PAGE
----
You will get all this with the $60.00 a year hosting
through GoDaddy and along with my working costs. You can achieve this with your other hosting
company, but it would not be through me. I am sorry to say, but I do
believe the other languages that are used to develop applications like this
could not compare with what could be built with ASP.NET and C#.
I hope that clears things up for you.
P.S. As an organization, I must imagine you do have a
membership management system in place along with some sort of news letter
system. Both those systems could/would cease to exist once I built this
Side note: All this information is completely dynamic.
Once I build a “component” for your application, it will then pull data
dynamically from the database. This means that you can have an
extensively large amount of information on a webpage without very many things
to develop or need a programmer for.
I hope this all makes sense.
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Today, I have a problem with my "Quotes of the Day" Widget by nyveldt. I received an error today with my BlogEngine.Net blog. I was at work and couldn’t get home to fix it and I didn’t want to lose my user base. So I went into GoDaddy and clicked on the File Manager tab.
I then tried to download the Web.config file from GoDaddy which didn't seem to work. I then checked mark the file and clicked Edit. GoDaddy actually pulled up the source code of the file. WOW! I was impressed. I changed the Debug Errors to Off so I can view the problem at work. I then went to the XML file it have a problem with and again, clicked edit and it opened the file right up. I changed the problems and it fixed right away. Wow. I was impressed that I could edit the files right on GoDaddy. That is one more reason I love GoDaddy. Thanks to the GoDaddy developers, I got my page right back up and running.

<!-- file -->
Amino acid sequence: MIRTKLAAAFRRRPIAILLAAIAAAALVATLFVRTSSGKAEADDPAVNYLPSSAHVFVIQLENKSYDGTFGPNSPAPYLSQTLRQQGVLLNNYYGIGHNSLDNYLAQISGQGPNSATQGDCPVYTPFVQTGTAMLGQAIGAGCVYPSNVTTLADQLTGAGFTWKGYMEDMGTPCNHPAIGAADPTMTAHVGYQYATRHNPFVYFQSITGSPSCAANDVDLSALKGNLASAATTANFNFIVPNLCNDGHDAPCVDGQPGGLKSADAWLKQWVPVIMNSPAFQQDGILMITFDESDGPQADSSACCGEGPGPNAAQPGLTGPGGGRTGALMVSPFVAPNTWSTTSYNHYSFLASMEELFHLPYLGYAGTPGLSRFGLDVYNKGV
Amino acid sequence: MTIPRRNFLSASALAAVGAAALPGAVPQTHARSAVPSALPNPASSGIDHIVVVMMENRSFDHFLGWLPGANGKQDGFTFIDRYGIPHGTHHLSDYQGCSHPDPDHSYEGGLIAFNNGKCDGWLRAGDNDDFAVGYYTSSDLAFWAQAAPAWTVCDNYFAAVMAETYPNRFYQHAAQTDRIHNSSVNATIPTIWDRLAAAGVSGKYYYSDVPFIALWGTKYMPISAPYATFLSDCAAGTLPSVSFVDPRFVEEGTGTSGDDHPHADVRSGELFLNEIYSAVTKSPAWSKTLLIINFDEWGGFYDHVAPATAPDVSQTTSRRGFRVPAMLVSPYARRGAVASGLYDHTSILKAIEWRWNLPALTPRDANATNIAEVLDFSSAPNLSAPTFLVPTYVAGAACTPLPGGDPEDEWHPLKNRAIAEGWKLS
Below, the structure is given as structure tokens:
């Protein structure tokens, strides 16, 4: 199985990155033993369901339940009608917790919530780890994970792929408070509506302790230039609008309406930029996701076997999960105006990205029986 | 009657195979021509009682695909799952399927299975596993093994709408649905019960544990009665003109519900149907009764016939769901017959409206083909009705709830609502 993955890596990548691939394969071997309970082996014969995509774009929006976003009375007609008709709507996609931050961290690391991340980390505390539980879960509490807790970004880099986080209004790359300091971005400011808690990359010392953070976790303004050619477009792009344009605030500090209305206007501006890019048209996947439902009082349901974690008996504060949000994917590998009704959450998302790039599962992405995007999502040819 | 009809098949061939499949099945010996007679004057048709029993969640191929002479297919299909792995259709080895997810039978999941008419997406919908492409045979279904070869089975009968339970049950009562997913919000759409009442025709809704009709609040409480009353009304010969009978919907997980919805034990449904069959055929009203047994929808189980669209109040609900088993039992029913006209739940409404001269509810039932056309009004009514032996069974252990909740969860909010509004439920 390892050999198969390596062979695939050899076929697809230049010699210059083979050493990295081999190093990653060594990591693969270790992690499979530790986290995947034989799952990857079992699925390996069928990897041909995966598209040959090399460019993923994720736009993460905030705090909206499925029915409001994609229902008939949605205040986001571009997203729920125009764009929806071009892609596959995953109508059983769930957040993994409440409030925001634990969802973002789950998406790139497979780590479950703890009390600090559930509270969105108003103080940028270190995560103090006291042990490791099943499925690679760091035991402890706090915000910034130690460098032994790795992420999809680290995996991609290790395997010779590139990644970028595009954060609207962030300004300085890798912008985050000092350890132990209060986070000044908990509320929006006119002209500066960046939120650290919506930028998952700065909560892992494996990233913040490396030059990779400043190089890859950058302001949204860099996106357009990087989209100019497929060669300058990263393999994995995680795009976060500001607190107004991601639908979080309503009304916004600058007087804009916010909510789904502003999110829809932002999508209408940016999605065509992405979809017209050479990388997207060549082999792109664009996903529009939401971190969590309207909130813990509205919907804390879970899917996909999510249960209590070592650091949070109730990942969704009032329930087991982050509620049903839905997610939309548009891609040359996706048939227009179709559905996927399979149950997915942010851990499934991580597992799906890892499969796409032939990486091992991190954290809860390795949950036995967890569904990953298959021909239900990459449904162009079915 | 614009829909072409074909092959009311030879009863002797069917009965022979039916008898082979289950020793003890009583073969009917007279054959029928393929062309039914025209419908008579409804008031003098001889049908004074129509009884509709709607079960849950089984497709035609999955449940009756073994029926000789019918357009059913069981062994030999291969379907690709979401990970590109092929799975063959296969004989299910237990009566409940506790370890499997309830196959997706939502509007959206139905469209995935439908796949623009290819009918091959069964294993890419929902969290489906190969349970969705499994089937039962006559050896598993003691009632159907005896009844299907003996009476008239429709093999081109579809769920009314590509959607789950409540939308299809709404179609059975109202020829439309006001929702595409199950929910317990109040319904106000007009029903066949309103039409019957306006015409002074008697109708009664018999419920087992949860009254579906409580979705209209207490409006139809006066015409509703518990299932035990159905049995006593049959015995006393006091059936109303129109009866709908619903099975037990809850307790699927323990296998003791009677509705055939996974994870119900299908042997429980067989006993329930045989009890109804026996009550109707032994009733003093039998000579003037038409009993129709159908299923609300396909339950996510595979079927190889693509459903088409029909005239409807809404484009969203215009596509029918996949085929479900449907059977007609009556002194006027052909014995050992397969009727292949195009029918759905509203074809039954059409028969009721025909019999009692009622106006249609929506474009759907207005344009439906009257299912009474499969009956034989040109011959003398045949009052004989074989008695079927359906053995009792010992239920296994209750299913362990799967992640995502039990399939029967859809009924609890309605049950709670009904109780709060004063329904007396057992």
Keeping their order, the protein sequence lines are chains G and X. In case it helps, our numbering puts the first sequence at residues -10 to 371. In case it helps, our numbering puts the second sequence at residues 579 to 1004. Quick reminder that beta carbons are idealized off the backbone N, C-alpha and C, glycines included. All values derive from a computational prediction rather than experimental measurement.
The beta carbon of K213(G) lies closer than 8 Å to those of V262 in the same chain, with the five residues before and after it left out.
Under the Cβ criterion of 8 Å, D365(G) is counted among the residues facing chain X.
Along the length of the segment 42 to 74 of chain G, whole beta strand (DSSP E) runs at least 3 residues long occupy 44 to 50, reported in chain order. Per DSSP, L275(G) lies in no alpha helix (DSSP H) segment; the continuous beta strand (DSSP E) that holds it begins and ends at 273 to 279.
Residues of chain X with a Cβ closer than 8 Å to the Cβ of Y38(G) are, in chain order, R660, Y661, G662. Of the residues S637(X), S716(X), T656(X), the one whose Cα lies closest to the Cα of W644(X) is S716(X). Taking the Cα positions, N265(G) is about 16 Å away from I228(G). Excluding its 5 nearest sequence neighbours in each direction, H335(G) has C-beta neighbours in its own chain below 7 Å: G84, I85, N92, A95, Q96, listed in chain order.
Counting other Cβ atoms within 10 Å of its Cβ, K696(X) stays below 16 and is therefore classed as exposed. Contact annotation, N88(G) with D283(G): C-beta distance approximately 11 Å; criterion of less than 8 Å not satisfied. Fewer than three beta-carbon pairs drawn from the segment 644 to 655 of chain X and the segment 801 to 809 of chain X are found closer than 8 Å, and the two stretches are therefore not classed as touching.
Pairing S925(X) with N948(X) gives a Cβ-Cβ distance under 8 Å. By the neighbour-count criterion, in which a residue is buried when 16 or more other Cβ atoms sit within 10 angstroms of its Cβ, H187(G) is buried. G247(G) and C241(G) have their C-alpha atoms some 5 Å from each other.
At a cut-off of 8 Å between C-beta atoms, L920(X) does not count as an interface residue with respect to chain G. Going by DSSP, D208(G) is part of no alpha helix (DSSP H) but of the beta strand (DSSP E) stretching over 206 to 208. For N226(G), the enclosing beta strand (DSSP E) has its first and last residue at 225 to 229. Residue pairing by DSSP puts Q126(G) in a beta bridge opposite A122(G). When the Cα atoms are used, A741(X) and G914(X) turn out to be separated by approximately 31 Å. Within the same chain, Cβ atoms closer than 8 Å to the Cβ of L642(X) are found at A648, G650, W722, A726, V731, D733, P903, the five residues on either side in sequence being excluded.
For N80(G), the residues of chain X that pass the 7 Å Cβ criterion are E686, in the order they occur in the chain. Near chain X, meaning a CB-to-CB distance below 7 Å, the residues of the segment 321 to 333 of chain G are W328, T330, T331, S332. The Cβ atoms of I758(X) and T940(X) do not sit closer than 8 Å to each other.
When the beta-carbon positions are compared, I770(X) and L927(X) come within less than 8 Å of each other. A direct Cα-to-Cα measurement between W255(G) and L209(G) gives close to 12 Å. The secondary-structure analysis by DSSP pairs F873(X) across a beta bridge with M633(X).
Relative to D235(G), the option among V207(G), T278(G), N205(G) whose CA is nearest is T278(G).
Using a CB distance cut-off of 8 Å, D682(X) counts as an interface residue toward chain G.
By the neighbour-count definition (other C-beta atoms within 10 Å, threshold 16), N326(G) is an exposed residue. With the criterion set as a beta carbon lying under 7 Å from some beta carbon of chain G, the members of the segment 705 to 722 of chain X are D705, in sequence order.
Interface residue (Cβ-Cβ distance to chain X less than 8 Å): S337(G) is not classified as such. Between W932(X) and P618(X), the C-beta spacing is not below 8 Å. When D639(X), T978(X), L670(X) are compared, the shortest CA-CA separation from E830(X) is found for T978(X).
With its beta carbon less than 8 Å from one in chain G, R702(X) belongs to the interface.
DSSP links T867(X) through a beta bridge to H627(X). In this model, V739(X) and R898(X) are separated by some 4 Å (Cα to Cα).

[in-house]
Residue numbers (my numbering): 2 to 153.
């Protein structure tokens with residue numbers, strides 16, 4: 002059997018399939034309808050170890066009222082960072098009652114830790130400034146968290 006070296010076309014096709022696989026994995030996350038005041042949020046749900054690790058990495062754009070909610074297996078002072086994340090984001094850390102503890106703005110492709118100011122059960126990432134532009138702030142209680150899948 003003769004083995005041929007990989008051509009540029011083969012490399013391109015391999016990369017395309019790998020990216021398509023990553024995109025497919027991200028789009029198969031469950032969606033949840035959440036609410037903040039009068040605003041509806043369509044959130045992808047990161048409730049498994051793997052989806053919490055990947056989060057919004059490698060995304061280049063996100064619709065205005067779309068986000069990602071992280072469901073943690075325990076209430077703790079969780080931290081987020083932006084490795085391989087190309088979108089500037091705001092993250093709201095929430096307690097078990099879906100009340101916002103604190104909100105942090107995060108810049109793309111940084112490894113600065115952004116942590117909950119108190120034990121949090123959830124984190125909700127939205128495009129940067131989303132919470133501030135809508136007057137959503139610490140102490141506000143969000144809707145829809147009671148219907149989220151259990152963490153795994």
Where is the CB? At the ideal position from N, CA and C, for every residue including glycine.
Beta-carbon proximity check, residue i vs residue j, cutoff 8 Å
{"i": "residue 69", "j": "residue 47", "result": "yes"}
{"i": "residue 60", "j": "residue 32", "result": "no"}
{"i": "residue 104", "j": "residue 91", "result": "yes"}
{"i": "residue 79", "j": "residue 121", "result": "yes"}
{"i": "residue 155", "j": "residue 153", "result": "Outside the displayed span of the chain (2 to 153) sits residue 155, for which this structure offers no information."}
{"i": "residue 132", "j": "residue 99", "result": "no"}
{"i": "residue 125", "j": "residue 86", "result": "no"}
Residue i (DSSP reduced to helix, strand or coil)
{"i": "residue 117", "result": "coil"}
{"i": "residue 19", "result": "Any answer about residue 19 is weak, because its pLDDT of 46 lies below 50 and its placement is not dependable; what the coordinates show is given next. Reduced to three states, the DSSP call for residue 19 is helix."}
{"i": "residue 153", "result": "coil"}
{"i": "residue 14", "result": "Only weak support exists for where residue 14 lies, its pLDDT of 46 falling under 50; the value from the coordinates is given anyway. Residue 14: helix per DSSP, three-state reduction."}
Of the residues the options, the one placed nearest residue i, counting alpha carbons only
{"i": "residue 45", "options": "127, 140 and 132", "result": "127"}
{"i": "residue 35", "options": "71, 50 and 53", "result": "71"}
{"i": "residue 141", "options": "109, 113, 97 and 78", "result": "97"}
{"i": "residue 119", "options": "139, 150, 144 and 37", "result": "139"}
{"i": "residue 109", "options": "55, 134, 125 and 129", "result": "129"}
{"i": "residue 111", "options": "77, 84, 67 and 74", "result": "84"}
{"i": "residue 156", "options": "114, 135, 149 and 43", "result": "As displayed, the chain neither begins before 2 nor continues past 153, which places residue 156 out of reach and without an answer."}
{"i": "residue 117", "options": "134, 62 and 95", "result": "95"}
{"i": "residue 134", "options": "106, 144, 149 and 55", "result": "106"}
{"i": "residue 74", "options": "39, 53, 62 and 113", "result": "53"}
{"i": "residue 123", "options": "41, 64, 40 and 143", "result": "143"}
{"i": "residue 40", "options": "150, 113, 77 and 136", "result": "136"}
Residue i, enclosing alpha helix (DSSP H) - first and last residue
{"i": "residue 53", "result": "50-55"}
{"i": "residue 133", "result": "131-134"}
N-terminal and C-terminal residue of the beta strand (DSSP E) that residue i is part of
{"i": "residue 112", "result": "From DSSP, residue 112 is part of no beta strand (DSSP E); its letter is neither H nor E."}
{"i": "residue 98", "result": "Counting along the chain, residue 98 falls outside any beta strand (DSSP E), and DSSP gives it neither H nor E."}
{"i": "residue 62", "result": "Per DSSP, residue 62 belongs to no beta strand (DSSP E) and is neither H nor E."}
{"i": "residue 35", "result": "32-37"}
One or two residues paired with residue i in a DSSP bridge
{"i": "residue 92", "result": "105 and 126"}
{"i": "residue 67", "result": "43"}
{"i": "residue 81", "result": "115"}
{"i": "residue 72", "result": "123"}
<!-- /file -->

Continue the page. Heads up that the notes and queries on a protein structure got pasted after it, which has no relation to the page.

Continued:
I recently had to setup all my new blogs on GoDaddy this past weekend and it was a pain! Let me tell you what, I would hope that others find this post so they don't have to go through the same thing. I found a old post with not up to date information on setting it up. So here is the up to date version as of 3/12/08 and GoDaddy Hosting Control Center V2.5.0.
1. Go to http://www.dotnetblogengine.net and go download the entire source located here.
2. Remove the following line from web.config. This is due to Godaddy has medium trust set on the site.
<!--<trust level="Medium" />-->
3. Publish the site using any sort of FTP upload client or even Visual Studio. I would not compile the website. Let the website compile it self on GoDaddy.
4. Open up GoDaddy and the Site Configuration manager.
5. Go to the File Manager.
6. Check Mark the App_Data folder and then click the permissions button as circled below.
7. Set the access to Read, Write and Reset all children to inherit. This will allow all files under it to inherit the above settings. This allows you to move files in and out of App_Data folder and not having to keep updating the permissions in GoDaddy.